When Hitchcock came to Hollywood in 1939, he had already imparted alarming warnings to his British countrymen in a recent string of thrillers. He would send the same message to Americans: A menace threatened not only Great Britain and the United States but civilization as a whole. In many of Hitchcock’s great British films, from “The 39 Steps” (1935) to “The Lady Vanishes” (1938), we’re usually not told who the spies are working for, but there’s little doubt who the enemy is. Likewise, in his early Hollywood film “Foreign Correspondent” (1940), the “peace activist,” suavely played by Herbert Marshall, is actually a spy working for the unnamed foe.
While some Hitchcock films deal with global threats, the truly frightening works dwell upon more intimate dangers. In the film that was the director’s personal favorite, “Shadow of a Doubt” (1943), Joseph Cotton plays a dapper killer of wealthy women, proving that evil could lurk even in anytown America. In “Strangers on a Train” (1951) and “Rear Window” (1954), brutal murders occur, respectively, in an amusement park and a middle-class apartment building. Hitchcock became an American citizen in 1955, the same year that his hit television program “Alfred Hitchcock Presents” debuted. Mr. Wood suggests that the habitually fearful Hitchcock worried about “losing what he most cared about” at the pinnacle of his career, and this contributed to the richness of his confident yet melancholy films during the next few years.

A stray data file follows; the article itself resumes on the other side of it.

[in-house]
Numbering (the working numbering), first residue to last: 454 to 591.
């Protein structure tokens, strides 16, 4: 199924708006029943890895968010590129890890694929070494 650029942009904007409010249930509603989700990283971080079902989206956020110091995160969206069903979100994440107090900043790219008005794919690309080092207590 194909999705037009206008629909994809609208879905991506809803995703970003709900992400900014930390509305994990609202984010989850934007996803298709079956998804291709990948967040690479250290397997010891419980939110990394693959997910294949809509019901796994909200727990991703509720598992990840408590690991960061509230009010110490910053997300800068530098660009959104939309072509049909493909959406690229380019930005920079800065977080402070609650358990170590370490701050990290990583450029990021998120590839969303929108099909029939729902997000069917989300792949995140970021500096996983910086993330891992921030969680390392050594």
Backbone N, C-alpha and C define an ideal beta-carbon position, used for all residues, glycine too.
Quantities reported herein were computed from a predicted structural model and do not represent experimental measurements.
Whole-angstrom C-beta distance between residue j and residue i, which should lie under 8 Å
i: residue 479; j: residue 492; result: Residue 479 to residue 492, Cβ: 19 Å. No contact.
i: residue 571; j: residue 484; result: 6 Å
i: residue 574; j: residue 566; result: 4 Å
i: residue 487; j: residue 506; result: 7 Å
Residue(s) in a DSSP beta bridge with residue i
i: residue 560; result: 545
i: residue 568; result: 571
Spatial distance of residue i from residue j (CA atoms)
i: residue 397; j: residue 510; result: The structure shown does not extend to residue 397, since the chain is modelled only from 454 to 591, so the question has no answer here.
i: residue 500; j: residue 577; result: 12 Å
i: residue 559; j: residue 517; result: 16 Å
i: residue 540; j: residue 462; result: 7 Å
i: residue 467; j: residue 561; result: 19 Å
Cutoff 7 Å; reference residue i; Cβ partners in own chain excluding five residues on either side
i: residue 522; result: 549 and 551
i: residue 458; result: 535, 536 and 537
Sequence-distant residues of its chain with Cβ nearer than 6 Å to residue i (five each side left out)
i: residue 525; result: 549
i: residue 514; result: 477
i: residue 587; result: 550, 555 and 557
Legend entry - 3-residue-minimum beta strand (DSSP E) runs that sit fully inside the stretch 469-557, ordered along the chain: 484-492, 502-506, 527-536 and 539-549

Mr. Wood devotes more space to “Vertigo” (1958) than to any other Hitchcock film. In this masterpiece of misinformation and obsession, Jimmy Stewartplays a retired private investigator fascinated by a suicidal woman who is hardly who she seems to be. In “North by Northwest” (1959), Cary Grant plays Roger Thornhill, a shallow Madison Avenue advertising man thought by enemy spies to be an American intelligence officer who in fact doesn’t exist. Read the rest of this entry »
Lary Wallace writes: Probably the closest thing you can compare it to is the fighting in ice hockey. Think about it: an activity somehow both integral and non-essential that many in the audience consider more entertaining than those parts of the performance that require actual talent. But here’s the difference between fighting in hockey and heckling in stand-up comedy, and it’s an essential one: the former is all about the players, while the latter is all about the fans trying to be the players.
That’s why it drives comedians nuts when it’s asserted – as it was at length in the Chicago Tribune a couple of years ago – that heckling is often not only the best part of stand-up but often, indeed, the only memorable part of stand-up. Chris Borrelli – who, with another writer at the paper, Nina Metz, engaged in a forum-type discussion on the subject – went so far as to write: ‘I have seen countless comedians and theatre performances and live events in general, and forgotten most of them. But I remember each and every time I have witnessed a performer get into it with an obnoxious audience.’